Rare Book Gallery
A MAP OF THE BRITISH EMPIRE IN...
Bookseller: William Reese Company - Americana
London: Engrav'd by Willm. Henry Toms, 1733 [but ca. 1735].. Engraved map by William Henry Toms, with very fine full contemporary hand- coloring... More
London: Engrav'd by Willm. Henry Toms, 1733 [but ca. 1735].. Engraved map by William Henry Toms, with very fine full contemporary hand- coloring (with twenty-two integral inset views and plans) on fifteen double-page and five single-page sheets, mounted on guards throughout, with the double-page key map by Toms, handcolored in outline. With the contents leaf, laid in. Folio. Expertly bound to style in half 18th- century russia over original 18th-century coated paper-covered boards, spine gilt, red morocco label. Very good. In a blue half morocco and cloth box, titled in gilt on the spine. A monument to 18th-century American cartography: a highly attractive fully colored copy of the first large- scale map of North America, and the first printed map to show the thirteen colonies. Popple maps with full contemporary color are exceedingly rare; we have handled only one other copy, and the only other comparable example to have appeared at auction in the past thirty years is the Siebert/Freilich copy. Popple produced this map under the auspices of the Lord Commissioners of Trade and Plantations to help settle disputes arising from the rival expansion of English, Spanish, and French colonies. "France claimed not only Canada, but also territories drained by the Mississippi and its tributaries - in practical terms, an area of half a continent" - Goss, p.122. The present copy of Popple's map, with its full contemporary hand-coloring, would have been particularly useful in these disputes. Mark Babinski, in his masterly monograph on this map, notes: "The typical coloring of fully colored copies...is described best by a contemporary manuscript legend on the end-paper affixing the Key map to the binding in the King George III copy at the British Library: 'Green - Indian Countrys. Red - English. Yellow - Spanish. Blue - French. Purple - Dutch.'" The careful demarcation of the disputed areas by color would have made the identification of whether a particular location was in one or another "zone" a great deal easier. Thus the coloring adds a whole new dimension to a map that is usually only seen in its uncolored state, and perhaps suggests that the copies with full hand-coloring were originally produced for some as-yet unrediscovered official use to do with the international land disputes of the time. Benjamin Franklin, on May 22, 1746, ordered two copies of this map, "one bound the other in sheets," for the Pennsylvania Assembly. It was the only map of sufficient size and grandeur available - and the map is on a grand scale: if actually assembled it would result in a rectangle over eight feet square. Its coverage extends from the Grand Banks off Newfoundland to about ten degrees west of Lake Superior, and from the Great Lakes to the north coast of South America. Several of the sections are illustrated with handsome pictorial insets, including views of New York City, Niagara Falls, Mexico City, and Quebec, and inset maps of Boston, Charles-Town, Providence, Bermuda, and a number of others. "Little is known of Henry Popple except that he came from a family whose members had served the Board of Trade and Plantations for three generations, a connection that must have been a factor in his undertaking the map, his only known cartographic work" - McCorkle. Babinski has made a detailed study of the issues and states of the Popple map. This copy is in Babinski's state 5: the imprint on sheet 20 reads, "London Engrav'd by Willm. Henry Toms 1733"; and sheet one includes the engraved figure "1" in the upper left corner just above the intersection of the two neat lines. The very rare small format table of contents is present. The key map is in Babinski's state 1, with only Toms' name below the border at the bottom and no additional place names in the 17 small insets. Mark Babinski, HENRY POPPLE'S 1733 MAP (New Jersey, 1998) (ref). BROWN, EARLY MAPS OF THE OHIO VALLEY 14. CUMMING, THE SOUTHEAST IN EARLY MAPS 216, 217 (refs). DEGREES OF LATITUDE 24, state 4 (but with engraved number to sheet 1). FOWBLE, TWO CENTURIES OF PRINTS IN AMERICA 1680-1880 (1987), 6, 7. JOHN GOSS, THE MAPPING OF NORTH AMERICA (1990), 55 (key map only). GRAFF 3322. HOWES P481, "b." LOWERY 337, 338. McCORKLE 21. PHILLIPS MAPS, p.569. SABIN 64140. SCHWARTZ & EHRENBERG, p.151. STREETER SALE 676. STEPHENSON & McKEE, VIRGINIA IN MAPS, map II-18A-B. Less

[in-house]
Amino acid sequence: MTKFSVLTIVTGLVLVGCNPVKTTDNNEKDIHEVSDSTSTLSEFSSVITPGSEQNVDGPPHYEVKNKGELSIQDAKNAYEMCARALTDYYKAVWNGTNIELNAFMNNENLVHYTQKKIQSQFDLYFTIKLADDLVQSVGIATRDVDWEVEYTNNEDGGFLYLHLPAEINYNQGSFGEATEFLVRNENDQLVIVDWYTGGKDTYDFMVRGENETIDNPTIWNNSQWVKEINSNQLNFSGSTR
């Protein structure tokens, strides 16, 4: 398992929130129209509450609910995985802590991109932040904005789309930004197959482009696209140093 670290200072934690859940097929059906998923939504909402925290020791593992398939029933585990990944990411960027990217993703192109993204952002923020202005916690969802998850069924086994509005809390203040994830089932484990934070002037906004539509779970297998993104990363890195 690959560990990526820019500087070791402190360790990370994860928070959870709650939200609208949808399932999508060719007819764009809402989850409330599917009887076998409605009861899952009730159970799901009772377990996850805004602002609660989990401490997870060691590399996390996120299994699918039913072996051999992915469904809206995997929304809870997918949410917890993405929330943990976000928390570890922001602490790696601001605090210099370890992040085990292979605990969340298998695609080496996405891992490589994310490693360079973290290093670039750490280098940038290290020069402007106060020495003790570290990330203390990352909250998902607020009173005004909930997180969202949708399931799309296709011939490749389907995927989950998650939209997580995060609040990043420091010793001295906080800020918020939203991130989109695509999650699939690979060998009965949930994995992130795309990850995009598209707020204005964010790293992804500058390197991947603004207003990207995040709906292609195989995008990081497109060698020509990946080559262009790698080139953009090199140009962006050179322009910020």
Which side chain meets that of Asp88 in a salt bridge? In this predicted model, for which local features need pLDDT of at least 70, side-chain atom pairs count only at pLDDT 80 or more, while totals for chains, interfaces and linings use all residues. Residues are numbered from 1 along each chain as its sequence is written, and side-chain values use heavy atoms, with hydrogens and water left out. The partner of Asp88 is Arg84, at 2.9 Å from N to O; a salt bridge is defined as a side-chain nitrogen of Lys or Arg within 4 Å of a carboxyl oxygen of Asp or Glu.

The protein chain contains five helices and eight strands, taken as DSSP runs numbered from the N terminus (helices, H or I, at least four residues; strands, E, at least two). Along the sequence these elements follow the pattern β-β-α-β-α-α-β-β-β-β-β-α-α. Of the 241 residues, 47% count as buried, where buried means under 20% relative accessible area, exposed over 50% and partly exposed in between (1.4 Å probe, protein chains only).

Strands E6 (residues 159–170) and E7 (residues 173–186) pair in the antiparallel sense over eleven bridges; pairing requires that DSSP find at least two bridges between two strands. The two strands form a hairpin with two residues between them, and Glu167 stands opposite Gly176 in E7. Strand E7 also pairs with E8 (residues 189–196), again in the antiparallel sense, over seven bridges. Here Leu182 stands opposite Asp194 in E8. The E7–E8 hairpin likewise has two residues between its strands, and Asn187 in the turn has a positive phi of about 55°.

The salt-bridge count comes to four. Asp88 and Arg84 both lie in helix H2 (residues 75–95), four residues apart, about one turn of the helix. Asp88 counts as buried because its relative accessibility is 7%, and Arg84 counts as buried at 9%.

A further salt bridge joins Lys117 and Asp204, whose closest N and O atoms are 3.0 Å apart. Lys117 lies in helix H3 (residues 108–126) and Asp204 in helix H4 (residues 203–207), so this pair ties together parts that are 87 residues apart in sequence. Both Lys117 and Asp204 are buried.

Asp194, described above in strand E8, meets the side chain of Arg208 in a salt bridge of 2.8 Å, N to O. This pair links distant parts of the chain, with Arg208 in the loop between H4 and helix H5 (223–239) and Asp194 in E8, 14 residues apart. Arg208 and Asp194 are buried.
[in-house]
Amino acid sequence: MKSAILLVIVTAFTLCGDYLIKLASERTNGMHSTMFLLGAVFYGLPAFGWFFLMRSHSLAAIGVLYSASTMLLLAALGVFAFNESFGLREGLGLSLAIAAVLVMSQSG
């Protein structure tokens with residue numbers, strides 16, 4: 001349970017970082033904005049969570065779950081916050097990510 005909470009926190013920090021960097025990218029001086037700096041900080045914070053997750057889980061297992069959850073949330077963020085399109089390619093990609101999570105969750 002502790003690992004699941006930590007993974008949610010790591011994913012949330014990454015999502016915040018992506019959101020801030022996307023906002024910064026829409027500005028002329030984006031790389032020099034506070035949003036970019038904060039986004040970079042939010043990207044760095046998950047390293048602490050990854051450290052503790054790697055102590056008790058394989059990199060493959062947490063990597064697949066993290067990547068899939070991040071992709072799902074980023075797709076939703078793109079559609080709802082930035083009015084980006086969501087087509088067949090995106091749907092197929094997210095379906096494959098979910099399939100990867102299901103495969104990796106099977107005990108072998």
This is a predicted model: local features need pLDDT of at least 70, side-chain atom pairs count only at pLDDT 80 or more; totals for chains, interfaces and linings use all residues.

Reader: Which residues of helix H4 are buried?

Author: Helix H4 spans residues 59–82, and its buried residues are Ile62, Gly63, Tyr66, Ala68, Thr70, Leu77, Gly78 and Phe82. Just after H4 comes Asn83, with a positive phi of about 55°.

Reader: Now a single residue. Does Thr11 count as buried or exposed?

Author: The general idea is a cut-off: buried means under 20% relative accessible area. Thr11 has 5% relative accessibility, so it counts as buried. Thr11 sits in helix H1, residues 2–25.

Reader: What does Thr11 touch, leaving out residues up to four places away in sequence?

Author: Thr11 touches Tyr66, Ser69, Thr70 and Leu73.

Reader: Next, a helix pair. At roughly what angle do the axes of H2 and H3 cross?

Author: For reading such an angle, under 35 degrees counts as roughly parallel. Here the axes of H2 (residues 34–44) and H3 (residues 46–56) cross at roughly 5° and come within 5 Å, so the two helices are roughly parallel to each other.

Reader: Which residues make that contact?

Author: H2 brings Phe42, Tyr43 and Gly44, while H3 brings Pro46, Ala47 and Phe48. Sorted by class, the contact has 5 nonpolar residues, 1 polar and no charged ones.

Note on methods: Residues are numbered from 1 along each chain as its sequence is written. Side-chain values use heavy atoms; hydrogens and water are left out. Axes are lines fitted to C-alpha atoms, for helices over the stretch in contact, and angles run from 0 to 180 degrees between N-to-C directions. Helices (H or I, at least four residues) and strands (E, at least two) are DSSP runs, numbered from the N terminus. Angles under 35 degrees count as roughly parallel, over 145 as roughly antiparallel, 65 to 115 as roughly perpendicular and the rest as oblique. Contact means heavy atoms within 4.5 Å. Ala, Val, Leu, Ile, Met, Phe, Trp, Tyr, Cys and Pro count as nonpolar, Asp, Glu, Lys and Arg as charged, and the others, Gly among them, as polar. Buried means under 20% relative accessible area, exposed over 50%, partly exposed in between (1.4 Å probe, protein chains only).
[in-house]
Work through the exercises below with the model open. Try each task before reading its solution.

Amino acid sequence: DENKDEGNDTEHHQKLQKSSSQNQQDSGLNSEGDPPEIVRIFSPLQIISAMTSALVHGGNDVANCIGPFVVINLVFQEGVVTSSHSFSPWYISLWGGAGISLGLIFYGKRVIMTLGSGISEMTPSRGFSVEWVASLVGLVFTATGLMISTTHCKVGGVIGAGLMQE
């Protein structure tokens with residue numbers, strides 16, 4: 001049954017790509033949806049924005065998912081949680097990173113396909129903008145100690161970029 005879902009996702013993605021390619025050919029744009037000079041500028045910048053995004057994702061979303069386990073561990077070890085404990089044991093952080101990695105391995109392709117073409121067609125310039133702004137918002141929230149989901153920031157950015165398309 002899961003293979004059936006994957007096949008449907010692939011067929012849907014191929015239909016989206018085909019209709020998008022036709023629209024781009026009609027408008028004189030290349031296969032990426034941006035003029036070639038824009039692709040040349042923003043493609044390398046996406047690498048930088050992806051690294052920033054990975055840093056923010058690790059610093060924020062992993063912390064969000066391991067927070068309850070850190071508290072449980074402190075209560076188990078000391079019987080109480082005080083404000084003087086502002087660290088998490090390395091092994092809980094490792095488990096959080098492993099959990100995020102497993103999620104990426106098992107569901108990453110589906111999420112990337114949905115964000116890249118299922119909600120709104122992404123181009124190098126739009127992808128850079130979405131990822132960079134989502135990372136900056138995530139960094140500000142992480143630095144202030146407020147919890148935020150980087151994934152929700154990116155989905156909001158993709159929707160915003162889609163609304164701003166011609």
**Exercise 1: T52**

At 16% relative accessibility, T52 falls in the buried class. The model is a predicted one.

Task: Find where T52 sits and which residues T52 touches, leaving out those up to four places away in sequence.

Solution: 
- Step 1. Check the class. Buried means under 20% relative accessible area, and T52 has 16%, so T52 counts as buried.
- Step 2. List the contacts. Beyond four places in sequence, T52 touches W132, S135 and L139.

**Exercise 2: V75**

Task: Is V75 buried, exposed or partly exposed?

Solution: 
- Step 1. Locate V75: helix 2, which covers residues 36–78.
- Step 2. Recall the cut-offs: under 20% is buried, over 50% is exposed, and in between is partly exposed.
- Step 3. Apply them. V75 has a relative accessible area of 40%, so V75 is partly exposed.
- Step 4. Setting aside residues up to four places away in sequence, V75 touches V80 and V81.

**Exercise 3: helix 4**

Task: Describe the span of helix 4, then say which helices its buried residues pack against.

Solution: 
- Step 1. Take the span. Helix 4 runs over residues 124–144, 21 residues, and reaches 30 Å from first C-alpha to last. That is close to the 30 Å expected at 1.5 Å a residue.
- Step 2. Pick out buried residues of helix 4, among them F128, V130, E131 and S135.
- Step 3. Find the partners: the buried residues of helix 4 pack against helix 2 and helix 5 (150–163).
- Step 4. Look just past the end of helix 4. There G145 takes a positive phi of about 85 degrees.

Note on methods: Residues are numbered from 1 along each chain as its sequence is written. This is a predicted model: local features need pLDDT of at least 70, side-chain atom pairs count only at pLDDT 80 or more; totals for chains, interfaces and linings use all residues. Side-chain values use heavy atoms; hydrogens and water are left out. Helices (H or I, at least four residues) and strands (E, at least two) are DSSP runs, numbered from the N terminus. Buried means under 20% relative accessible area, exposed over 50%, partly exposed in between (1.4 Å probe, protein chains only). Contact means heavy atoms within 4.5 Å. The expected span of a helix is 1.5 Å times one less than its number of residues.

Price: 275000.00 USD
The Great Gatsby.
Fitzgerald, F. Scott.
Bookseller: Raptis Rare Books
New York: Charles Scribners. 1925.. First edition, first printing with "chatter" on p. 60, line 16, "northern" on p. 119, line 22, "it's" on p.... More